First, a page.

Summer in New Orleans is typically one long heat advisory but this week has been one of the hottest I can remember. It’s August hot. It’s so hot that new kitty Paul Drake isn’t trying to bolt out the front door whenever it opens. It’s so hot that the air smacks you in the face like a wet barber shop towel. I’m almost tempted to try frying eggs on the sidewalk but I don’t believe in wasting food. In short, it’s fucking hot.
I haven’t been as prolific as usual blogging-wise the last few weeks. I’ve made the mistake of taking the news too personally. It’s bad for both the psyche and satire. It’s been hard not to: the news has been so unrelentingly bleak of late. It makes it hard to be a glass half full person. It’s looking bone dry. That’s why I’m going to keep this post on the snappy side. In addition to my proverbial glass being bone dry, my funny bone is banged up. The good news is that it’s bruised, not broken. And writing Odds & Sods is always therapeutic.
This week’s theme song was written and recorded by Old 97’s for their 1999 album, Fight Songs. That was when this Dallas based alt-country power pop combo came on my radar screen. Lonely Holiday is a very sad song, which is appropriate given the events of the last few weeks. Only a sad song will do.
Get ready to rock with the original studio track as well as a lively live version:
Now that Rhett Miller has serenaded us with a sad song, it’s time to jump to the break.
We begin our second act with some pop culture lists, which means I get to trot out my venerable listomania joke. When my funny bone is sore, I stick to tried and true material. But first another Old 97’s song:
Vulture Listomania: It’s no secret that I adore Noo Yawk Mag’s entertainment site Vulture. Their lists are to die for. I have two to recommend this week.
First, a look at the greatest teevee writers rooms ever. The focus is, of course, on comedy and we all need some yuks in these troubled times.
I meant to post my top five Mel Brooks movies on his natal expulsion day. Since he made the list above, here’s my list:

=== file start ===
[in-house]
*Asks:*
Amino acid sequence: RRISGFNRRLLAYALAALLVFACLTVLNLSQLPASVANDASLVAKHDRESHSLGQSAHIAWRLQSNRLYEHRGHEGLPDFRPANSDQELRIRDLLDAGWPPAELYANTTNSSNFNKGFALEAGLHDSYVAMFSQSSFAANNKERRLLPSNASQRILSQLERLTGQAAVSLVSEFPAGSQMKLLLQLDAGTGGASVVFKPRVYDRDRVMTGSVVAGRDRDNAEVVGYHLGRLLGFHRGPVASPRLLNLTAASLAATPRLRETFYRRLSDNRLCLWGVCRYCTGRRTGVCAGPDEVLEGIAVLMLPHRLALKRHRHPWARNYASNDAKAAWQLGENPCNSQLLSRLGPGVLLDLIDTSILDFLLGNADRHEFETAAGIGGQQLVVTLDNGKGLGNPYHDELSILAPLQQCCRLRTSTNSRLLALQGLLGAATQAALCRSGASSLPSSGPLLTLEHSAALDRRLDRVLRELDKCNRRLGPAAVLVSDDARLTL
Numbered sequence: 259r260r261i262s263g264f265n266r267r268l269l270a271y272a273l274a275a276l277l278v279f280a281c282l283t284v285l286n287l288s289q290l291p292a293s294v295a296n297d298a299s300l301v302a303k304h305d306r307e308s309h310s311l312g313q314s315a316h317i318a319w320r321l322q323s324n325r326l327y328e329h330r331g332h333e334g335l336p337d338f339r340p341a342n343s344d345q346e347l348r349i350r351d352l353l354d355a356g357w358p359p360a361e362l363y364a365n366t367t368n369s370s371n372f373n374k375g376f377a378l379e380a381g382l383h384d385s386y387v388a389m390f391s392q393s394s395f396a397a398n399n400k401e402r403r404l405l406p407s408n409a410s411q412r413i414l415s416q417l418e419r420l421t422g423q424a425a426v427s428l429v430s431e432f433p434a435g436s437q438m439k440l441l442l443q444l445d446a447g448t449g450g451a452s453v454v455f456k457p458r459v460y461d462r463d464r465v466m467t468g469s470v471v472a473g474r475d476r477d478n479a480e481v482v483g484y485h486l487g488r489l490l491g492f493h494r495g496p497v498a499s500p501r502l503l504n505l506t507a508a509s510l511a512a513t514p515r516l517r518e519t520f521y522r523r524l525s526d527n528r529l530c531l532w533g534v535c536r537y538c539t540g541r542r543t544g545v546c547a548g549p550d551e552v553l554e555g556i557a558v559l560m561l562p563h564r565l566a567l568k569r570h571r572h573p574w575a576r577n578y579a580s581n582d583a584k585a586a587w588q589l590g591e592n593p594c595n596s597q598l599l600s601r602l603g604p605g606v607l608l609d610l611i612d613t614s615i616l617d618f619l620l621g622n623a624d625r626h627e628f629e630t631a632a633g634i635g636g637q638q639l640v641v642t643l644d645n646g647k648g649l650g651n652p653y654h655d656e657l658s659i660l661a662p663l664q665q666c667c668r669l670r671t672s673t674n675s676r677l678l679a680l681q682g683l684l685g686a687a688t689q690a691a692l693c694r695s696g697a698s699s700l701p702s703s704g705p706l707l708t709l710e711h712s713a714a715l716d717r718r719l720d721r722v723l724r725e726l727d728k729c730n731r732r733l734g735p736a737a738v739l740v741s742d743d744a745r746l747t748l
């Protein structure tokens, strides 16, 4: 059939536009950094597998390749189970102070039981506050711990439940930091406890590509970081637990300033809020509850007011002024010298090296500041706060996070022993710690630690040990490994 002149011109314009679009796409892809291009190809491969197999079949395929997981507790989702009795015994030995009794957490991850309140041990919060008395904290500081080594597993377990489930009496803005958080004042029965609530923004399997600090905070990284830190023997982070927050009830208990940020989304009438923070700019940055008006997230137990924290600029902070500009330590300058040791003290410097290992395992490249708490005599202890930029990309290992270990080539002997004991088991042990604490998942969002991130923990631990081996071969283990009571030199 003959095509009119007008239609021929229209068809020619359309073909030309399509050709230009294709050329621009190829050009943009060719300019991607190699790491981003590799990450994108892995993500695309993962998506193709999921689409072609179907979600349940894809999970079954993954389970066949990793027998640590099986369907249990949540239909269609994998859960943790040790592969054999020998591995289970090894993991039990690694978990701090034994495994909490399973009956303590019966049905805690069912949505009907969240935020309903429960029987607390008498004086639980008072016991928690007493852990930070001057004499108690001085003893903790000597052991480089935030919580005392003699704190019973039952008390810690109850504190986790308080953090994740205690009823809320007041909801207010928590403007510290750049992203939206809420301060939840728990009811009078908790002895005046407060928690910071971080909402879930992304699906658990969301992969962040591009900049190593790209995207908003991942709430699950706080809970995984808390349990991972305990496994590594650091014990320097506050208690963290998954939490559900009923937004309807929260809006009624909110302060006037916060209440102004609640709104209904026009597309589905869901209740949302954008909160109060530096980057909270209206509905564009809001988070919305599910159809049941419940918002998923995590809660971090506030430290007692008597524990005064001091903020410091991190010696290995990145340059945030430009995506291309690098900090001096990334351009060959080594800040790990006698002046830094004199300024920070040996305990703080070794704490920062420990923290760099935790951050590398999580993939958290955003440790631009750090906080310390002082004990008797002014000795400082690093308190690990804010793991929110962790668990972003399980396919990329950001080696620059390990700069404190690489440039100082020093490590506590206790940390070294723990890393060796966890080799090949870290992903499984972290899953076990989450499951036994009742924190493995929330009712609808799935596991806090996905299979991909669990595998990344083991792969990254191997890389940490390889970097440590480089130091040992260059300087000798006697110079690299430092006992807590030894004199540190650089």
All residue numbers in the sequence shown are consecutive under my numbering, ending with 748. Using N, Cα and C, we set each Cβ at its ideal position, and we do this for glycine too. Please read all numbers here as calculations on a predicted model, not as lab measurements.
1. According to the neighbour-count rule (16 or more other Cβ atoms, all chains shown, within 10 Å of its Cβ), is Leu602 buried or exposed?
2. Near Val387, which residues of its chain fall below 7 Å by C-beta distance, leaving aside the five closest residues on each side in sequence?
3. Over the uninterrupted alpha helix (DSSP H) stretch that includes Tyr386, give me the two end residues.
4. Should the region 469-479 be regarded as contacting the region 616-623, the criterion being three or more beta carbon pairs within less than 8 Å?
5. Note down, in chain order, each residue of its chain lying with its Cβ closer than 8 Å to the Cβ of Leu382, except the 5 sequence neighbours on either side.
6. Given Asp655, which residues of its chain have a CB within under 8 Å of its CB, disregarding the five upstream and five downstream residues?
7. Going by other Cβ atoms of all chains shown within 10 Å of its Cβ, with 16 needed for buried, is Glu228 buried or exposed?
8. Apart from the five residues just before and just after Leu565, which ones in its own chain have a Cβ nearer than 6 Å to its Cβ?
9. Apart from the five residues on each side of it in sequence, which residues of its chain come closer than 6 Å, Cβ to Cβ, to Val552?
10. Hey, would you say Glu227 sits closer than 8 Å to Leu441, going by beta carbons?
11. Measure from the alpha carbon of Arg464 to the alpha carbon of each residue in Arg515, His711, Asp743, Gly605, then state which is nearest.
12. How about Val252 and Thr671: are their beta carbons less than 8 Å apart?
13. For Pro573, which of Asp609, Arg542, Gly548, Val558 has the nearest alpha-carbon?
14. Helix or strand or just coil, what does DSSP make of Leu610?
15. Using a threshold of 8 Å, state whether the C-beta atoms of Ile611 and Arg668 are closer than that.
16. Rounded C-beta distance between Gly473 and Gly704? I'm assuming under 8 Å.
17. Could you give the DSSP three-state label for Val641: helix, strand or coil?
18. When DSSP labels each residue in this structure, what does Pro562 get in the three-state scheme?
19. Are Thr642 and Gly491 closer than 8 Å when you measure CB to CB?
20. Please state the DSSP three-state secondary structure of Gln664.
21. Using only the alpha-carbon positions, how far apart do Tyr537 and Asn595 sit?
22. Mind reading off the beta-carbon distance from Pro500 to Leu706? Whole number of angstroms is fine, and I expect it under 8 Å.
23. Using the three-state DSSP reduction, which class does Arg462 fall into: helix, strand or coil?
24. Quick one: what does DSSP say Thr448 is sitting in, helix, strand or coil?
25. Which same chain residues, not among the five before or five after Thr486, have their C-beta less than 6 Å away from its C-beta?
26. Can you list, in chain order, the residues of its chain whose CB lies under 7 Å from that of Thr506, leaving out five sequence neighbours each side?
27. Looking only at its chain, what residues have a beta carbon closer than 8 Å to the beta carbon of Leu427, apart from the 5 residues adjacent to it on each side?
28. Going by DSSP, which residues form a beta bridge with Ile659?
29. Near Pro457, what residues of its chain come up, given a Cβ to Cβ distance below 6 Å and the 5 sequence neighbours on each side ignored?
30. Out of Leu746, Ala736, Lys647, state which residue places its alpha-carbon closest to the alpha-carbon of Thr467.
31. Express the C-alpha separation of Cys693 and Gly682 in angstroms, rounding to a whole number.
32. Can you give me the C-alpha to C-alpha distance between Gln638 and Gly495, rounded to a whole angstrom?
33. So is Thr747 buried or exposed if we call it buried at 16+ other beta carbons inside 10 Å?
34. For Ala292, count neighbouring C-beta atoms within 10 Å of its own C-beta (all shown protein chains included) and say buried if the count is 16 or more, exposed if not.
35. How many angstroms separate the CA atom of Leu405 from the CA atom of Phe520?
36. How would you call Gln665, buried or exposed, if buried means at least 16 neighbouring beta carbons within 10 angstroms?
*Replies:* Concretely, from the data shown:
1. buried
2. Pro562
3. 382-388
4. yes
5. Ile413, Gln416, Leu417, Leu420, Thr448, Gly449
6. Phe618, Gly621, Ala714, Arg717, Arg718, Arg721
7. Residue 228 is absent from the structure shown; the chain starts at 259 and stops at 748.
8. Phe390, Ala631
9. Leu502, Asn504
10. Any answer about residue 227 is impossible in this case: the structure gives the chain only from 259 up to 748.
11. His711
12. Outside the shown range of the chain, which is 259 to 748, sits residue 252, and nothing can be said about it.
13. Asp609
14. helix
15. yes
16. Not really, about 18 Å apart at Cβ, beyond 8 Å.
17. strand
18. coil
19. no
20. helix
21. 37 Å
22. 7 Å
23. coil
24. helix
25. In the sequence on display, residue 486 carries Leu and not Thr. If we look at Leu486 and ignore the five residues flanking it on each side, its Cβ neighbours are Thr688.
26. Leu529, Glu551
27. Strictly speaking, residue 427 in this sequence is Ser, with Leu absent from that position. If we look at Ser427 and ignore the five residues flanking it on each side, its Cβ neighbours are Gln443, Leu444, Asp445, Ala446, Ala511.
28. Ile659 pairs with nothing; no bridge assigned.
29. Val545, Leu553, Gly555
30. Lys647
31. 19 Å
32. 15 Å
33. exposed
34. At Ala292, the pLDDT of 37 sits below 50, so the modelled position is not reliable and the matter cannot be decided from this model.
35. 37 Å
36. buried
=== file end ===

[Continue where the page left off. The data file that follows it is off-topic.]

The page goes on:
- Blazing Saddles- Still one of the funniest films ever. The twitter outrage squad would not allow this masterpiece to succeed in 2018.
- Young Frankenstein– An artful and hilarious tribute to James Whale’s Frankenstein films.
- The Producers- Only the Mostel-Wilder original will do.
- Spaceballs– The Schwartz is still with us, at least I hope so.
- Life Stinks- This dark comedy flopped but it’s my dark horse/sleeper pick
I’m not sure what Franz Liszt would make of my listomania but what do I care what a dead Hungarian composer/pianist thinks? He’s busy decomposing. That gag is so old it has whiskers. I believe I just ripped-off the human joke machine, Morey Amsterdam.
Second, a tribute to the film editrix of Hollywood’s golden age. Women such as Barbara McLean, Viola Lawrence, and Anne V. Coates were the go-to editors for such classic films as Lawrence of Arabia, All About Eve, and Only Angels Have Wings. Vuture’s Samantha Ladwig has the details.
Something many of you might not know about me is that I like scary movies. I don’t like slasher or dead teenager flicks but I like psychologically charged thrillers even if they involve the supernatural. I don’t believe in ghosts but that doesn’t mean I can’t enjoy movies like The Conjuring or Poltergeist.